CAS  Article  Google Scholar 

  22. Gooley, J. J., Lu, J., Chou, T. C., Scammell, T. E. & Saper, C. B. Melanopsin in cells of origin of the retinohypothalamic tract. Nature Neurosci. 4, 1165 (2001)

    CAS  Article  Google Scholar 

  23. Barnard, A. R., Hattar, S., Hankins, M. W. & Lucas, R. J. Melanopsin regulates visual processing in the mouse retina. Curr. Biol. 16, 389–395 (2006)

    CAS  Article  Google Scholar 

  24. Iwakabe, H., Katsuura, G., Ishibashi, C. & Nakanishi, S. Impairment of pupillary responses and optokinetic nystagmus in the mGluR6-deficient mouse. Neuropharmacology 36, 135–143 (1997)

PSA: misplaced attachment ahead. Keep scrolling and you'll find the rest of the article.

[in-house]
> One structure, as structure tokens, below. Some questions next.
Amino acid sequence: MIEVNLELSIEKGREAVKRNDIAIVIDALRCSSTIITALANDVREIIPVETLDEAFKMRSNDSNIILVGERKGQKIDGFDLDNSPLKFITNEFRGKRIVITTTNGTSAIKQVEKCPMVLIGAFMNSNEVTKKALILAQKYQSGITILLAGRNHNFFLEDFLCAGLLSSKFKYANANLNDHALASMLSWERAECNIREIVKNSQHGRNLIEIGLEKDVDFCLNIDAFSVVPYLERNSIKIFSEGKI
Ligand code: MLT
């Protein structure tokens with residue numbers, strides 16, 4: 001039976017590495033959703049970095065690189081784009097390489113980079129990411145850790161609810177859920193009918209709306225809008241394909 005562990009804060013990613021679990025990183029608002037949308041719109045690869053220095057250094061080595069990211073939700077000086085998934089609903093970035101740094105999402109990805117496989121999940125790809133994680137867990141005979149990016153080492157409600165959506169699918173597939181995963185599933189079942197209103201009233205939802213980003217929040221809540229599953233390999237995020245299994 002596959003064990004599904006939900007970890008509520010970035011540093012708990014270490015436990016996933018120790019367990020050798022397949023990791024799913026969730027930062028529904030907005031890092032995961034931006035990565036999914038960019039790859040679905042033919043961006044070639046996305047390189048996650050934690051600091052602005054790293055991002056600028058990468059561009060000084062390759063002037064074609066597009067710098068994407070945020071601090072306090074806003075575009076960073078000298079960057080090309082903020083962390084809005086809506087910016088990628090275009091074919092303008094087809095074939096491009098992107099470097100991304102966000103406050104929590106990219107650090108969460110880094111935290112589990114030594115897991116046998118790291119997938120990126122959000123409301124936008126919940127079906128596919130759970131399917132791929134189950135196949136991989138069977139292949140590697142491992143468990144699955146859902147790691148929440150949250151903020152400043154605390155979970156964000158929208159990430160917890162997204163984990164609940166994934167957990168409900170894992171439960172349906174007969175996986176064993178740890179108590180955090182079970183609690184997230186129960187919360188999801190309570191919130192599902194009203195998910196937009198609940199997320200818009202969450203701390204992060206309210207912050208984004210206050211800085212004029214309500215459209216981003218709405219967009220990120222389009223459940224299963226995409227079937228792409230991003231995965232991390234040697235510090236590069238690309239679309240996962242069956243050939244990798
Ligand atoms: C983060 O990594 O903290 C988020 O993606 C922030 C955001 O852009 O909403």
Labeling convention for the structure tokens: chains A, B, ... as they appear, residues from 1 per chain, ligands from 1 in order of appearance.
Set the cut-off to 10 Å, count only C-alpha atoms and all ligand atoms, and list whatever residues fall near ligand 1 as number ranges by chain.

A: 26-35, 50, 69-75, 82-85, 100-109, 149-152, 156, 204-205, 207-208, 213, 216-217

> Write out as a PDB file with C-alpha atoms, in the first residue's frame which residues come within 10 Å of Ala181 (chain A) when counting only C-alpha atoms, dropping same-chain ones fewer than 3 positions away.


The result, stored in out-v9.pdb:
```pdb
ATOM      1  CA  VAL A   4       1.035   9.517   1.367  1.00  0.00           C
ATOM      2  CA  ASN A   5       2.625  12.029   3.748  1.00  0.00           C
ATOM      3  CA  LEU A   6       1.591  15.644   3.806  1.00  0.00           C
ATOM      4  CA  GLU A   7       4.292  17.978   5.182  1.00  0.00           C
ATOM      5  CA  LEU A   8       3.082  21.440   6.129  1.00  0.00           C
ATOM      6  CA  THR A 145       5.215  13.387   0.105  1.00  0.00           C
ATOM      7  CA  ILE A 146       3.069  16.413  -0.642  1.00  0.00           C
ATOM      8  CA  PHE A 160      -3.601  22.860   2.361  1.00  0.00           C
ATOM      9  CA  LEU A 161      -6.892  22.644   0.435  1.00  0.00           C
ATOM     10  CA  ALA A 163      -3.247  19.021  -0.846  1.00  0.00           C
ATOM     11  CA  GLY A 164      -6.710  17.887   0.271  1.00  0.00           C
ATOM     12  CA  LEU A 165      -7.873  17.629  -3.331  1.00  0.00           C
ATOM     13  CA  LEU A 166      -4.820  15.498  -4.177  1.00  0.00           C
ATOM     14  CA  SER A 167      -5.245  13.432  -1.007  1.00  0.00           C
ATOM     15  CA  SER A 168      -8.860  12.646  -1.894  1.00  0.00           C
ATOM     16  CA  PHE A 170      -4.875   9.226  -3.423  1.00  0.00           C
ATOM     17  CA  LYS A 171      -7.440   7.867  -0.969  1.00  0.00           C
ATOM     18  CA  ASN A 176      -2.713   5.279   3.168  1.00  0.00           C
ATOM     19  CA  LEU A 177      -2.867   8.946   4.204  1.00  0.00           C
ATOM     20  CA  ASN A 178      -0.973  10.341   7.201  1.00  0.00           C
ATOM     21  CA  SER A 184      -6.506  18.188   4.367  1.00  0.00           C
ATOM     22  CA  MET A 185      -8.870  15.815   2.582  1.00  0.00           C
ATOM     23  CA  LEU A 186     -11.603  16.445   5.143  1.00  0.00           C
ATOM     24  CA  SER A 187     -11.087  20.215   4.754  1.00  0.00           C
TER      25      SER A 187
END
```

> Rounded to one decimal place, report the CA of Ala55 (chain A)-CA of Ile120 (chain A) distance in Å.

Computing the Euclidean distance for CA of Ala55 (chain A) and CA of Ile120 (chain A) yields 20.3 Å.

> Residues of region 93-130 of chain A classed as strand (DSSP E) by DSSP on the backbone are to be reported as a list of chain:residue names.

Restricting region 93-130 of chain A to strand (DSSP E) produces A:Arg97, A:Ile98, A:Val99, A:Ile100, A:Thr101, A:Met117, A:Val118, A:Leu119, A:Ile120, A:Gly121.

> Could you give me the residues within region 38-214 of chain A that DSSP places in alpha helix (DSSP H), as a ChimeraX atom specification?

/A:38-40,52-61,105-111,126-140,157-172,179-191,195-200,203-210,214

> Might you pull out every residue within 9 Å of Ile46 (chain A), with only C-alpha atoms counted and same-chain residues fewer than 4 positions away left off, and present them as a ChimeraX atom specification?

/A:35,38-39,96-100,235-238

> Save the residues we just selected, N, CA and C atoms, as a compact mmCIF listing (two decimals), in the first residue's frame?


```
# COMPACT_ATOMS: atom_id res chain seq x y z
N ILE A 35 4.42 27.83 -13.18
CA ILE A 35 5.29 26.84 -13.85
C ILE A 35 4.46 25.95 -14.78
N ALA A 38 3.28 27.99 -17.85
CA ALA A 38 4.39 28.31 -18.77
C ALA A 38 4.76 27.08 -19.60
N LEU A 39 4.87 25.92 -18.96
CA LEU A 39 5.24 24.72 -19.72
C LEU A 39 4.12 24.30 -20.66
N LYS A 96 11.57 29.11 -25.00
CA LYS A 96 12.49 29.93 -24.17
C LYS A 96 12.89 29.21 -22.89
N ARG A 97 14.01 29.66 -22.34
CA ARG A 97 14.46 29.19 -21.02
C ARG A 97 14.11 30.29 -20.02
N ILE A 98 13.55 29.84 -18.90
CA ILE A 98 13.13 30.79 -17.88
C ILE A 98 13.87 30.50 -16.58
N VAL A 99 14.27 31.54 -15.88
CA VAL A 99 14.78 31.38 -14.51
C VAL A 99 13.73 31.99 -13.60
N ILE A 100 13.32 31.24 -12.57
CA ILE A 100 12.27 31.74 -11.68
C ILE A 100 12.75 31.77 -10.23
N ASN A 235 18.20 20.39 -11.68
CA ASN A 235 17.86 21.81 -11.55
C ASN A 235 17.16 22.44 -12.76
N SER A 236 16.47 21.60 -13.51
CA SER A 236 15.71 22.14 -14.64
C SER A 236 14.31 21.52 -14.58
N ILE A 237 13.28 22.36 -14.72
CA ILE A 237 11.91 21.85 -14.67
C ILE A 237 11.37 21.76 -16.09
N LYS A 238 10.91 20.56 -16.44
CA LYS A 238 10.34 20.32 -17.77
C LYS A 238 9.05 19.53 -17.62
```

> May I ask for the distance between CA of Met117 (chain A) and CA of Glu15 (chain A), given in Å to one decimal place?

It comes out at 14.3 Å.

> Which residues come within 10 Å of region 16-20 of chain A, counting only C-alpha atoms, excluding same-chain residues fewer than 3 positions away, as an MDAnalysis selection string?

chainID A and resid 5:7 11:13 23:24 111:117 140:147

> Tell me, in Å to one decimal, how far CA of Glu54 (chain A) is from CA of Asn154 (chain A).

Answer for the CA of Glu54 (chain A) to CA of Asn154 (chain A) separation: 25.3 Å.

CAS  Article  Google Scholar 

  25. Prusky, G. T., Alam, N. M., Beekman, S. & Douglas, R. M. Rapid quantification of adult and developing mouse spatial vision using a virtual optomotor system. Invest. Ophthalmol. Vis. Sci. 45, 4611–4616 (2004)

    Article  Google Scholar 

  26. Vorhees, C. V. & Williams, M. T. Morris water maze: procedures for assessing spatial and related forms of learning and memory. Nature Protocols 1, 848–858 (2006)

    Article  Google Scholar 

Download references

Acknowledgements

We thank J. Mackes and G. Harrison for help in genotyping the animals; R. Kuruvilla, M. Van Doren, B. Wendland, M. Halpern, M. Caterina, C.-Y. Su, J. Bradley and laboratory members in the Biology Department at the Johns Hopkins University for scientific discussions and comments on the manuscript. This work was supported by grants from the National Institutes of Health (to S. Hattar and K.-W.Y.), the Biotechnology and Biological Sciences Research Council (to R.J.L.) and the David and Lucile Packard and Alfred P. Sloan Foundations (to S. Hattar).